Astral Industries complete the circle of Chi with this collection of previously unreleased island-dwelling ambient evocations from Hanyo van Oosterom.
After revisiting Kim Cascone’s sublime Heavenly Music Corporation project, London label Astral Industries return to scratch their archival Chi itch one more time. ‘The Kallikatsou Recordings’ is the second collection of music from the period prior to Hanyo van Oosterom and Jacobus Derwort forming the Chi project. Like last year’s ‘Bamboo Recordings’, inspiration comes from van Oosterom’s extended visits to the Greek island of Patmos where he developed a deeply personal connection with a mythical rock structure called the Kallikatsou.
This previously-unreleased collection comes from music van Oosterom worked on over several years from the nineties onwards, drawing peace of mind from the Kallikatsou and channeling it into drones, soundscapes, samples and field recordings. Collated together as two long form pieces rich in deeply-textured ambience, van Oosterom orchestrates a half hour journey through becalming, evocative waters that represent a fitting finale to the Chi archival saga.
For their first multi-artist compilation, Music From Memory take us on a trip to the heart of the Amazon rainforest. Outro Tempo: Electronic and Contemporary Music From Brazil, 1978-1992 is a double LP that explores the outer reaches of Brazilian music, where indigenous rhythms mix with synthesizers and where MPB mingles with drum computers.
"As Brazil faced the last years of its military dictatorship and transition to democracy, a generation of forward-thinking musicians developed an alternative vision of Brazilian music and culture. They embraced traditionally shunned electronic production methods and infused their music with elements of ambient, jazz-fusion, and minimalism. At the same time they referenced the musical forms and spirituality of indigenous tribes from the Amazon. The music they produced was a complex and mesmerising tapestry that vividly evoked Brazilian landscapes and simultaneously reached out to the world beyond its borders.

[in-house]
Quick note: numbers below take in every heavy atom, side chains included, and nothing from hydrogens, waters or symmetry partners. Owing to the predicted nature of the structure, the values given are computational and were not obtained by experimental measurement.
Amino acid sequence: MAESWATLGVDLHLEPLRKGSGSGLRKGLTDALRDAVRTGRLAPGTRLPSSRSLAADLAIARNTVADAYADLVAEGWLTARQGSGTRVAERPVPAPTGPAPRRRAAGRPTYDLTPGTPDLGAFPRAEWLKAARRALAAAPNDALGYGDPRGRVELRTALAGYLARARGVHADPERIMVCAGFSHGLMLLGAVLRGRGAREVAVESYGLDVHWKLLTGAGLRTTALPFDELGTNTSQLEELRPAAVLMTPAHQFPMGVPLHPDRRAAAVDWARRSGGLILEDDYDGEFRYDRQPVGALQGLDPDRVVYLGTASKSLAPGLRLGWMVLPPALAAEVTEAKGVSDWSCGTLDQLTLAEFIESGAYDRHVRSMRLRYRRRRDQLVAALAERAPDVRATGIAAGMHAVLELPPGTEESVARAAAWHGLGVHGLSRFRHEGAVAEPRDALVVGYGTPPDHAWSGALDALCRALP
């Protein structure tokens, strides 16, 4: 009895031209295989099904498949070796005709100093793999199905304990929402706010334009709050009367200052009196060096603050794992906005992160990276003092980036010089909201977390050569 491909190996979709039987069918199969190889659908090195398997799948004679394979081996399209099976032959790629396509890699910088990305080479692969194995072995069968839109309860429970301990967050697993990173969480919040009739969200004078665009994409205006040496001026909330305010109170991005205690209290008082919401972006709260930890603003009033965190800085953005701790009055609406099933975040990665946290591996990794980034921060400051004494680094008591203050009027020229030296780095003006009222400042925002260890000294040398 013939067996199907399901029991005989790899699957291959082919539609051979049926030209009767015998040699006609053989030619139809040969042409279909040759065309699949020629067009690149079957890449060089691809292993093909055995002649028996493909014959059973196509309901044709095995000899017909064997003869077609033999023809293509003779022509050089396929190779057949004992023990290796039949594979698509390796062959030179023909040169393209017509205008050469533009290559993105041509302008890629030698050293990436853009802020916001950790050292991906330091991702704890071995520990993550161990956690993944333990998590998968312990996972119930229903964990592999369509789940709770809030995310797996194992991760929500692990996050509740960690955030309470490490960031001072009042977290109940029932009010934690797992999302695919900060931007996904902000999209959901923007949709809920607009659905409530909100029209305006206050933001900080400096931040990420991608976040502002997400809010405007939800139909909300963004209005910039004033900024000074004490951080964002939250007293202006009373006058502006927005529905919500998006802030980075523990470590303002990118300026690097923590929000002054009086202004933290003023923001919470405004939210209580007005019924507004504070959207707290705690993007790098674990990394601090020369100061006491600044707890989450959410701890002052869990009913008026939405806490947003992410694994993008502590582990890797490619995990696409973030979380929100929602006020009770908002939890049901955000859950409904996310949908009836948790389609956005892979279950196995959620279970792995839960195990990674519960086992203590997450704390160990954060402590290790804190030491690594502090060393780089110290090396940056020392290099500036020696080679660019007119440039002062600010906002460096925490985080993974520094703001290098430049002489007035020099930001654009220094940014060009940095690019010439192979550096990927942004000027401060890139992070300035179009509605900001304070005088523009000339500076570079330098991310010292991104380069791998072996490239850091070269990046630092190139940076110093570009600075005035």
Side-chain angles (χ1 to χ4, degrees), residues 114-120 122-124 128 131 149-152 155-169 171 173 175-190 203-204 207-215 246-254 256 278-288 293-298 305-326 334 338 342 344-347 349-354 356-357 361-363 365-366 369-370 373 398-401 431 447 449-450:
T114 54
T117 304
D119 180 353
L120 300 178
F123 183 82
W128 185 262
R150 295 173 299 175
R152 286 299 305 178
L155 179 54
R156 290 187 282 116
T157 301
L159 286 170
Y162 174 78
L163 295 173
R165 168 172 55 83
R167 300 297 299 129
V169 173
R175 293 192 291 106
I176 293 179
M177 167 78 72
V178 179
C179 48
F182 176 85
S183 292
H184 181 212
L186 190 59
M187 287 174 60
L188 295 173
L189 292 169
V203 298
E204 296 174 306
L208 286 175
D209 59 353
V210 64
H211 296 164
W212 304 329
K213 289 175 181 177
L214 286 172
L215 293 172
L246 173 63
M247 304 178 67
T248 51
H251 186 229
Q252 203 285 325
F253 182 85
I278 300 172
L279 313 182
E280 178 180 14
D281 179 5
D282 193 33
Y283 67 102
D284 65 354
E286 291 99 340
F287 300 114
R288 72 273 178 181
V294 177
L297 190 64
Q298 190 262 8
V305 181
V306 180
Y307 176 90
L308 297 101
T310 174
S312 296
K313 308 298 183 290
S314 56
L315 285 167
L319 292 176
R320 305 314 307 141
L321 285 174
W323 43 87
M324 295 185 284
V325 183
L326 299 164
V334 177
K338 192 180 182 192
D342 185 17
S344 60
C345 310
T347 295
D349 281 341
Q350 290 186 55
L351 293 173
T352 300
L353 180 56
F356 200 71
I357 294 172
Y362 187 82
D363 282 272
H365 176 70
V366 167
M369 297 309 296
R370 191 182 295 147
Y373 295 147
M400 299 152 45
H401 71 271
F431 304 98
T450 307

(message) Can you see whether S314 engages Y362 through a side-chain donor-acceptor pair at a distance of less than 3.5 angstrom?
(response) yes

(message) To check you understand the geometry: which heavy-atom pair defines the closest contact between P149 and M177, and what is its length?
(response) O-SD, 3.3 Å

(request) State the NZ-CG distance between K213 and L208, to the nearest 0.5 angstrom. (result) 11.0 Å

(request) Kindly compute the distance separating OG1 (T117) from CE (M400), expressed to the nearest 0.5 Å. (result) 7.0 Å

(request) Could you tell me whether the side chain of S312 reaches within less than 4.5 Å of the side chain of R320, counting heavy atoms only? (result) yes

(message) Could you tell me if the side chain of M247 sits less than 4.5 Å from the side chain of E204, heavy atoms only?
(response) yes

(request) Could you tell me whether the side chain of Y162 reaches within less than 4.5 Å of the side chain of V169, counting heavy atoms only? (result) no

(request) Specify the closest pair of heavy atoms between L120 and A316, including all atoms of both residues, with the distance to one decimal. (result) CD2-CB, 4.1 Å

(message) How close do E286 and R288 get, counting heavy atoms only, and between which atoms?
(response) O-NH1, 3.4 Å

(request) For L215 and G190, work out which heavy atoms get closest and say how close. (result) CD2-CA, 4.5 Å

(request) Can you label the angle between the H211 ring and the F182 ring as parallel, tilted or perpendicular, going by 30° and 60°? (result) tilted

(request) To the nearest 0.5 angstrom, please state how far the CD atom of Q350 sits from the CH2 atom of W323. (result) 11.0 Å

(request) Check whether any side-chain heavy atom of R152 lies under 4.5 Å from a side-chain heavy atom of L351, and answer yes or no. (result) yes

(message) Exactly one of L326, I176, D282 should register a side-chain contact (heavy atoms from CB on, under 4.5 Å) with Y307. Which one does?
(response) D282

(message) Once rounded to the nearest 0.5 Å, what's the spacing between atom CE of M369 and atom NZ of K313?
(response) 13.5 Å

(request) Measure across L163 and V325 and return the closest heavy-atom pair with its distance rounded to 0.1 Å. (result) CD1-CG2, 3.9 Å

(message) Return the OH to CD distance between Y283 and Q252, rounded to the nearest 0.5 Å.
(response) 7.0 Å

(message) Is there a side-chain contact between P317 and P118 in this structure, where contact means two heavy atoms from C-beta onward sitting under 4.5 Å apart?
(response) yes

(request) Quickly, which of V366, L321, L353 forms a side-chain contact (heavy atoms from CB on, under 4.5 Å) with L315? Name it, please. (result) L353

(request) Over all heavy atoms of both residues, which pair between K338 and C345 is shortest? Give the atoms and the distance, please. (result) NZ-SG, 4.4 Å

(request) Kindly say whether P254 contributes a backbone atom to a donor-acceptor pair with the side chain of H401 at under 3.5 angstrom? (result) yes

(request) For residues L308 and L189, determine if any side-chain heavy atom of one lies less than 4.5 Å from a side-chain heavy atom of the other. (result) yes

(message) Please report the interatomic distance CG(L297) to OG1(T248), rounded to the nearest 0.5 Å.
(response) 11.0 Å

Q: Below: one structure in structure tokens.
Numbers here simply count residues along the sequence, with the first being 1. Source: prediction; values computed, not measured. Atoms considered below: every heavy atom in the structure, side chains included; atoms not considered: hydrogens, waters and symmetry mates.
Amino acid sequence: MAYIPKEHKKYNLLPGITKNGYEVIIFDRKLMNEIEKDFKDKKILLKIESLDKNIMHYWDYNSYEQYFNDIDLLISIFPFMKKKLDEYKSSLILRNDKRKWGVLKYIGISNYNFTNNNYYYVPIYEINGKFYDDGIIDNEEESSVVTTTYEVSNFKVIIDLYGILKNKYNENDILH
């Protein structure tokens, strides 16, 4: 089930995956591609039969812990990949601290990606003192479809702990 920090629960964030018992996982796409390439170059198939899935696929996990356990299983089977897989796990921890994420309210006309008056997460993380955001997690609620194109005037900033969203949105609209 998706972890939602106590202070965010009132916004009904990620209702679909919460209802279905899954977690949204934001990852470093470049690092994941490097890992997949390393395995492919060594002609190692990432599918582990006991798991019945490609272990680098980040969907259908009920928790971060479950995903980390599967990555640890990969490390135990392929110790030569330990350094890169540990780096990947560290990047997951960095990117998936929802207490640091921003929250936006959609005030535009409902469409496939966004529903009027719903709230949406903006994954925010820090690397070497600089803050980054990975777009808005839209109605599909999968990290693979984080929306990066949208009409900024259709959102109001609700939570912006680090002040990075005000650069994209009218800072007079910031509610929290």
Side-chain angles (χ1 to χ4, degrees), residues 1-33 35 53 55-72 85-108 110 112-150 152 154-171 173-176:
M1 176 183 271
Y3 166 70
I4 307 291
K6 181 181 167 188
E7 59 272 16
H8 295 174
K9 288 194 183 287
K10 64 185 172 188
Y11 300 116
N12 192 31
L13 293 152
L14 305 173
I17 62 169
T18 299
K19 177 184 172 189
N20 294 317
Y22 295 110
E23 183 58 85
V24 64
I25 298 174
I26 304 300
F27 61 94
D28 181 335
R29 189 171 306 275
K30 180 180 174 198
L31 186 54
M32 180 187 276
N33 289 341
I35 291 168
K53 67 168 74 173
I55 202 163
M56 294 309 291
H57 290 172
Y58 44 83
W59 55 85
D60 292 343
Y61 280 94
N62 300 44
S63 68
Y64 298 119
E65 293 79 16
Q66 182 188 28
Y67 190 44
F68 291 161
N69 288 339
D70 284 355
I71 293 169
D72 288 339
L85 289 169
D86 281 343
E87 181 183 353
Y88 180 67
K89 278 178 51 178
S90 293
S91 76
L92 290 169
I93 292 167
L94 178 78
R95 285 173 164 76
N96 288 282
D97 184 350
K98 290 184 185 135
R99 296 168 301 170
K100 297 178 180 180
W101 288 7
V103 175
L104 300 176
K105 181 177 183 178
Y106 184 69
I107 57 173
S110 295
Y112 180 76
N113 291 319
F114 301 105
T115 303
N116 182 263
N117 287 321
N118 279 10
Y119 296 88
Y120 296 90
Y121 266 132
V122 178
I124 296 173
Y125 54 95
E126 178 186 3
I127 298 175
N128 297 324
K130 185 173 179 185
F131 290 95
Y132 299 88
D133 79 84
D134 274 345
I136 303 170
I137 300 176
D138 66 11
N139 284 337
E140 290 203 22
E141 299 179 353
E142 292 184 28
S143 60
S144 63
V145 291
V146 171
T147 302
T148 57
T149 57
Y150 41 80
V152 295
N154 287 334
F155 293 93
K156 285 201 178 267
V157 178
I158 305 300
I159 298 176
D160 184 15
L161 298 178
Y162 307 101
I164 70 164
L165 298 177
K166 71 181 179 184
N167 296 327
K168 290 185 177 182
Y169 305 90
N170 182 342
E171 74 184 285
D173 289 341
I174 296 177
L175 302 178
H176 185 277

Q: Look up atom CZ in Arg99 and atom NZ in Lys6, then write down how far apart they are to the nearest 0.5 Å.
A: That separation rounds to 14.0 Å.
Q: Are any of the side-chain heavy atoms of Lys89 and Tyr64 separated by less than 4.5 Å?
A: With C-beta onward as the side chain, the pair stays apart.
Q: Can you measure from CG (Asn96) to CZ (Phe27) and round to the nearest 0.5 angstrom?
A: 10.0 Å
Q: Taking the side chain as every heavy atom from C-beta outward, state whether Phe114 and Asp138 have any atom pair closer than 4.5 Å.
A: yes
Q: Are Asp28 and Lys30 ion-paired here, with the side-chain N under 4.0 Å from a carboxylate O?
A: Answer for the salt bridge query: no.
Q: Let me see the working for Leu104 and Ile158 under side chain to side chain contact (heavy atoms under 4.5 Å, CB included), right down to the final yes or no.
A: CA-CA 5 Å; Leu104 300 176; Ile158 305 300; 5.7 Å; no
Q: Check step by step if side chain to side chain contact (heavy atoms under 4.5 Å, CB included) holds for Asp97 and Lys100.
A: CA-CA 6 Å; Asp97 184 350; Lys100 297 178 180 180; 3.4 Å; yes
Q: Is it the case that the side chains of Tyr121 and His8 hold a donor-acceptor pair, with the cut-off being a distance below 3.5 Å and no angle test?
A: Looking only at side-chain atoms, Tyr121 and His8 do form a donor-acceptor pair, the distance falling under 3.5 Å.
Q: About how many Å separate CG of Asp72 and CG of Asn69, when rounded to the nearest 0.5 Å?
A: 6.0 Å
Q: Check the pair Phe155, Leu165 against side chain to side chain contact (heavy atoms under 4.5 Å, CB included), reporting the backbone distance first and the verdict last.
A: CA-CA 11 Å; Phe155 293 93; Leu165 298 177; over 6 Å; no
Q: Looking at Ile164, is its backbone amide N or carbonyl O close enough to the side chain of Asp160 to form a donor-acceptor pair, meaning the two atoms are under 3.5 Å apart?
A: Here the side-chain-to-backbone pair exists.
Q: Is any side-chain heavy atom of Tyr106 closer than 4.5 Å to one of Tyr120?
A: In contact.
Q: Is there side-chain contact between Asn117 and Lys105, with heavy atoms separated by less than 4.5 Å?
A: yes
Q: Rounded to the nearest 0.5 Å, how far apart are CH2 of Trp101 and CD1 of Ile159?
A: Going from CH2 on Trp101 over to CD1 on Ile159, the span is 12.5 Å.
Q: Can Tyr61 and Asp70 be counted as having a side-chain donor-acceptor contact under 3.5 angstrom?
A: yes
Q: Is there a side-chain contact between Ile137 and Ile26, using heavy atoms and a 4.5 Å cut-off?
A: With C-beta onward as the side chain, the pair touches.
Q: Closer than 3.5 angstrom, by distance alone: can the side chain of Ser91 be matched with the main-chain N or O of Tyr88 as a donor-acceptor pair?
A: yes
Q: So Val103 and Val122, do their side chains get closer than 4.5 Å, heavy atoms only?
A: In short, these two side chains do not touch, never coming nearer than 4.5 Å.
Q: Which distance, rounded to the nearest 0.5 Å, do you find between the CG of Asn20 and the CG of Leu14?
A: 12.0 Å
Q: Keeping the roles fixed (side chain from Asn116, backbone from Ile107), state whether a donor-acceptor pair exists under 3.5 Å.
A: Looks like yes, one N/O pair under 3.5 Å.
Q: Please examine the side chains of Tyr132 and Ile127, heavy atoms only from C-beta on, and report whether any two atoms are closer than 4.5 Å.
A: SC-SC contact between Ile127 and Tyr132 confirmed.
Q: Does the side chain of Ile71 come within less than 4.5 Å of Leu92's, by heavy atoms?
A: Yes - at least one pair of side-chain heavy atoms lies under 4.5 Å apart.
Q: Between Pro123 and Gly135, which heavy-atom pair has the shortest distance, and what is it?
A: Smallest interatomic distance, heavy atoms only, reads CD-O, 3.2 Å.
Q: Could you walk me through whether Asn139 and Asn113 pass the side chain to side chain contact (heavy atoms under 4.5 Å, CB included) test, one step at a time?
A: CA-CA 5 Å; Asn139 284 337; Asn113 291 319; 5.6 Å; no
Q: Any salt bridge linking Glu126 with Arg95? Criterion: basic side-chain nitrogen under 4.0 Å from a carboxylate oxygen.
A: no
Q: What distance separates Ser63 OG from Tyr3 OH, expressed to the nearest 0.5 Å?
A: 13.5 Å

.The product of extensive research, this compilation is a unique introduction to this visionary music and features many fresh discoveries in a country well trodden by record diggers. It gathers tracks from obscure albums that have for too long been neglected by even the most avid collectors of Brazilian music. It includes now highly sought after music by Andréa Daltro, Maria Rita, and Fernando Falcão, as well as unknown gems like those of Cinema, Carlinhos Santos, and Anno Luz. This is an essential release that reveals a broader spectrum of Brazilian music, striking a unique sonic signature that is full of innovation, experimentation, and beauty.
Compiled by John Gómez and featuring extensive liner notes, Outro Tempo showcases this overlooked corner in Brazil’s rich music history for the first time."
Totally Killer 2nd album from Anthony J Hart (Imaginary Forces) as Basic Rhythm for Type, decimating and distilling jungle, grime and garage into their common and most affective dancefloor denominators...
Back with that spice for Type, Anthony J Hart gets down to UK rave fundamentals on a killer 2nd LP under his Basic Rhythm pseudonym. Where his more prolific Imaginary Forces output is all about the push ’n pull of power noise and post-rave techno dynamics, Basic Rhythm fixes a steely focus on the physics of the UK’s hardcore continuum; decimating and distilling jungle, grime and garage into their common and most affective dancefloor denominators.
Basic Rhythm offers Hart up as a sort Leyden Jar battery or vessel storing decades of absorbed and condensed pirate radio transmissions, and The Basics can be heard as his disciplined attempt to parse those muscle memories and sensations into something tangibly, rudely physical but, most crucially, leaving aside those bits he considers unnecessary in a defragging process of mental sonic décollage - breaking down outmoded values and replacing at a distance from the original medium.